Activist hedge fund Third Point calls for break up of Shell after taking $750m stake in energy giant

Shell accused of 'incoherent' strategy

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Shell accused of 'incoherent, conflicting' strategies

Shell accused of 'incoherent, conflicting' strategies

The activist hedge fund Third Point, which is led by Daniel Loeb, is calling for the break up of Anglo-Dutch oil giant Shell having built up a stake in the firm worth nearly $750m.

Third Point is accusing Shell of having too many competing stakeholders trying to push the company in different directions, resulting in an "incoherent, conflicting" set of strategies as the firm seeks to appease multiple interests.

"Some shareholders want Shell to invest aggressively in renewable energy," Third Point's Loeb wrote to shareholders on 27 October. "Other shareholders want it to prioritise return of capital and enjoy the exposure to legacy oil."

The list of conflicting interests went on. He said he suspected that some parties within Shell seem "sentimentally" attached to its "super major" legacy.

abrdn says breaking up Shell could destroy benefits of fossil giant's integrated business model - reports

While some governments want Royal Dutch Shell's rapid decarbonisation, others want it to continue investing in oil and gas to keep consumer prices affordable, the hedge fund manager highlighted.

"Europe paradoxically wants both."

Despite these issues, Loeb stated that Shell was still an attractive choice for investors, but changes need to be made.

He accused the board of responding to conflicting interests with a "do it all" approach.

"Shell has ended up with unhappy shareholders who have been starved of returns and an unhappy society that wants to see Shell do more to decarbonise," said Loeb.

Third Point inititated a position with Royal Dutch Shell during the second and third quarters this year.

The hedge fund highlighted that the last two years have been "especially challenging" for Shell shareholders due to a major dividend cut and a well-publicised court case that ordered changes to the energy firm's business model.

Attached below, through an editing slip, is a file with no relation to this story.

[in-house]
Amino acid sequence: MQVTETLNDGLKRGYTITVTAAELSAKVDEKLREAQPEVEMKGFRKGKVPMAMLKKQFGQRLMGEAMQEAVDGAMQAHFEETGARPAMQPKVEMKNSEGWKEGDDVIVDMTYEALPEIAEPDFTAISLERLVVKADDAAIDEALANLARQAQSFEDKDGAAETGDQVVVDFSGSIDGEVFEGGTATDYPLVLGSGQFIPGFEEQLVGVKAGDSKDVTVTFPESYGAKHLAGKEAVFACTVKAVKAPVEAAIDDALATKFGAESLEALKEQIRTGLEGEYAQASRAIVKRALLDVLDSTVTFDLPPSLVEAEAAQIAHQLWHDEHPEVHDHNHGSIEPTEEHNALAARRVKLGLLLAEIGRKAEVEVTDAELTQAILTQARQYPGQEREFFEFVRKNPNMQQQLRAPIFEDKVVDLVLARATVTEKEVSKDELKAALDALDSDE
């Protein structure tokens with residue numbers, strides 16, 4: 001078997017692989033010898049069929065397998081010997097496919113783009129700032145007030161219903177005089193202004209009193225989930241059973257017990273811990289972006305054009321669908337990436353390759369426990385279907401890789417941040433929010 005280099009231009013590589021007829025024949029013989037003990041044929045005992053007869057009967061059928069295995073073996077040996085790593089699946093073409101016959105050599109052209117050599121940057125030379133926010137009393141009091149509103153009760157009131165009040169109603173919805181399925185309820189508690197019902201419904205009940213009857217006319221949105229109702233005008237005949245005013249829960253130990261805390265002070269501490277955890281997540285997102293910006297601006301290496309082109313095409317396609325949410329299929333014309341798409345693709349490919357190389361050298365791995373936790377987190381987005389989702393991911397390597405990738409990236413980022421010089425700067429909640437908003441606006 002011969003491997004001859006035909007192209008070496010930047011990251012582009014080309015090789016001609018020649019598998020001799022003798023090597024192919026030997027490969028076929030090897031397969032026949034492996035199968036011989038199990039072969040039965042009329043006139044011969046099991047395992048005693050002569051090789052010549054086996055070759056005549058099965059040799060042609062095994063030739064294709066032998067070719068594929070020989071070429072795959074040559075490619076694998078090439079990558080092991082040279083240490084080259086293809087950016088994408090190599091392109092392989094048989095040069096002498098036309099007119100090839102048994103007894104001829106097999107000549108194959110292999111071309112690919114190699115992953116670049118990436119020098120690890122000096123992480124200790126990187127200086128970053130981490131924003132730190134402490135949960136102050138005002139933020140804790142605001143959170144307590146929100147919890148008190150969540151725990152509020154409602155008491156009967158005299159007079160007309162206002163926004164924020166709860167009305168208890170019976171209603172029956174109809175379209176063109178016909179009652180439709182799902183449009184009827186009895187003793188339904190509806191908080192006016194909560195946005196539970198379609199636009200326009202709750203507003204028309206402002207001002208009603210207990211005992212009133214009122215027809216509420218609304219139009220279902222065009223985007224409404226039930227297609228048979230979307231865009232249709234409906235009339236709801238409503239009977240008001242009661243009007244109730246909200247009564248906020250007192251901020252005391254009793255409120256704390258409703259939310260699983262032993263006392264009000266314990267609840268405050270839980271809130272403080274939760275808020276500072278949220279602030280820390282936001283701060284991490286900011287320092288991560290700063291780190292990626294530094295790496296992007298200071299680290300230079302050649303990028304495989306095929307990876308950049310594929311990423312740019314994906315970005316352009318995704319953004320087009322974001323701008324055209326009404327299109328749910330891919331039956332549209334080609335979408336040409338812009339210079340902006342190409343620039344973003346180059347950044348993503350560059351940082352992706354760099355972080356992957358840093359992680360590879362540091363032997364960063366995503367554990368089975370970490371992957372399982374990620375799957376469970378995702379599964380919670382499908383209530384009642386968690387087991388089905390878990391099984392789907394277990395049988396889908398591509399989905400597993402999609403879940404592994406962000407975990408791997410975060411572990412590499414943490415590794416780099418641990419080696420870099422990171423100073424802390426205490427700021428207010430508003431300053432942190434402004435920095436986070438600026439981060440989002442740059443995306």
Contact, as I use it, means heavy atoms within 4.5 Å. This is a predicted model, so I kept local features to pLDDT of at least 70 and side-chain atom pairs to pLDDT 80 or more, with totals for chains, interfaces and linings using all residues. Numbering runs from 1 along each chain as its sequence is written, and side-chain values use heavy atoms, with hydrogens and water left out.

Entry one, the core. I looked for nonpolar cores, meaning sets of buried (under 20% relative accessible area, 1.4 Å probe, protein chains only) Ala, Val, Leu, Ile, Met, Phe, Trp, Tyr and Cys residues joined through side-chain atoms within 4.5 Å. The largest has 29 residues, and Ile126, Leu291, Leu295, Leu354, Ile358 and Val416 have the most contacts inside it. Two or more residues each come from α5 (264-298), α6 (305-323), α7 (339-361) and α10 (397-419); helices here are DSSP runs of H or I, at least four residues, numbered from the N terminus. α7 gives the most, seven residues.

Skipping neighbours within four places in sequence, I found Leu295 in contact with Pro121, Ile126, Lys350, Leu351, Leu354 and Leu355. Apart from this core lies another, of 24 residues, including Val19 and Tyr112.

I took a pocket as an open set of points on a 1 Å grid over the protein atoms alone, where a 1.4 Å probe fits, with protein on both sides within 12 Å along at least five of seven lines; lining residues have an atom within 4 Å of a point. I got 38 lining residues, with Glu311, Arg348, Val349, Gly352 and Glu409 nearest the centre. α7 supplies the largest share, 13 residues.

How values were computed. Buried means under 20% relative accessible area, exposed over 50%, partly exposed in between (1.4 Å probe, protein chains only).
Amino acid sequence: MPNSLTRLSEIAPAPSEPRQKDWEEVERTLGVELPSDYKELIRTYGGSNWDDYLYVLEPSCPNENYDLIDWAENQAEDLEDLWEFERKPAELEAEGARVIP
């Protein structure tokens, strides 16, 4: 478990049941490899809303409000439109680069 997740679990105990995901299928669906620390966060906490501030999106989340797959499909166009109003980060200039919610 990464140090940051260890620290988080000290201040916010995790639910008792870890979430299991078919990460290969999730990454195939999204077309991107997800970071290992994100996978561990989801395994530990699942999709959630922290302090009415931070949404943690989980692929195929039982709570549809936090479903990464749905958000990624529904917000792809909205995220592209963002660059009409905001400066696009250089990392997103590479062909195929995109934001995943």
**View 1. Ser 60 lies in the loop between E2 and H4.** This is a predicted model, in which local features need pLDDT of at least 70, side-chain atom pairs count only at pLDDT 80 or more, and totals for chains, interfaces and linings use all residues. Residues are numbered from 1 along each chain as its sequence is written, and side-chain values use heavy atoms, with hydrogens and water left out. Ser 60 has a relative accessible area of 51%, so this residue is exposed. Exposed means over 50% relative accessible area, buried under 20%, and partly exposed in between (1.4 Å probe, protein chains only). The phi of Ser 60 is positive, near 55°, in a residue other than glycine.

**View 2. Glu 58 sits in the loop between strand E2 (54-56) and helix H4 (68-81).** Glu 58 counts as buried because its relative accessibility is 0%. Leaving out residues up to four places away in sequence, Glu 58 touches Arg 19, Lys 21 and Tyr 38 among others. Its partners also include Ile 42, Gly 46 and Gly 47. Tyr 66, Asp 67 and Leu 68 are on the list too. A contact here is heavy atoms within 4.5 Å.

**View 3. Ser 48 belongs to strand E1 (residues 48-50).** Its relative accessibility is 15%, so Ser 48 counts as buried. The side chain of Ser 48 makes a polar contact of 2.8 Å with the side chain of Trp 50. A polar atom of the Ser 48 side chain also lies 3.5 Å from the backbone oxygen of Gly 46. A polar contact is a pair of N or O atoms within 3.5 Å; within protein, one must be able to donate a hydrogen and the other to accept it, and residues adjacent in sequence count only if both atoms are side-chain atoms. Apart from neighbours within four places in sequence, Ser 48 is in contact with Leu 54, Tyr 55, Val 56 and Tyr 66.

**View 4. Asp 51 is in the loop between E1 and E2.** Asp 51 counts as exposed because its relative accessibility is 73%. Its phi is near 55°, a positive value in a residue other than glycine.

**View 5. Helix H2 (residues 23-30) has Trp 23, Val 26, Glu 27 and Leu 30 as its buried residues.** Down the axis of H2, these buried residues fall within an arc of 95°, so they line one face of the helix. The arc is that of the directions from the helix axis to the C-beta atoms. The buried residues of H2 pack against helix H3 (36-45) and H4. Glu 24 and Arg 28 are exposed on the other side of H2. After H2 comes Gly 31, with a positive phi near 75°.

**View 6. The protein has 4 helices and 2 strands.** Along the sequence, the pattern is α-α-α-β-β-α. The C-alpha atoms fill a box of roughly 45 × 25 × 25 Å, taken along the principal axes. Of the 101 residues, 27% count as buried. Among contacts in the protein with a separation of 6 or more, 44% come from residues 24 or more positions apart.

"Stepping back further, it has been a difficult two decades for shareholders, with annualised stock returns of just 3% and decreasing returns on invested capital," said Loeb.

"However, despite the current sour sentiment, we see opportunity for improvement across the Board at Shell."

According to Third Point, Shell shareholders would benefit from a plan to "optimise" Shell's corporate structure, match its business units with unique shareholder constituencies who may be interested in different agendas, and allow each of its businesses to more "nimbly" react to market and policy developments.

Shell has acknowledged Third Point's investor letter, replying that it regularly reviews the company's strategy with focus on generating shareholder value.

"As part of this ongoing process, Shell welcomes open dialogue with all shareholders, including Third Point," it said, adding that it has had preliminary conversations with the New York-headquartered hedge fund and will engage with them.

Shell also stated that it set out its "Powering Progress" strategy earlier in the year and its energy transition strategy was supported by 89% of its shareholders at its annual general meeting in May.

On Thursday 28 October, the energy giant reported a total revenue of $61.6bn in the third quarter, an increase of nearly 40% year-on-year.

Despite Shell's record cashflow for the quarter, profits fell from $177m a year ago to a $988m loss this quarter. This was due to derivative losses in the Integrated Gas business more than offsetting progress in upstream oil and gas production, according to Hargreaves Lansdown.

Underlying profits, however, reportedly more than tripled to $4.1bn.

With calls for Shell's break-up ongoing, chief executive Ben van Beurden pledged a new 2030 target to halve the absolute emissions from its operations compared to 2016 levels on a net basis.

Meanwhile, Shell's finance chief Jessica Uhl said on Thursday that breaking up the oil giant into seperate companies might be financially compelling but would not work in reality, Reuters also reported.

Only 0.5% of $27trn global funds assets are Paris-aligned

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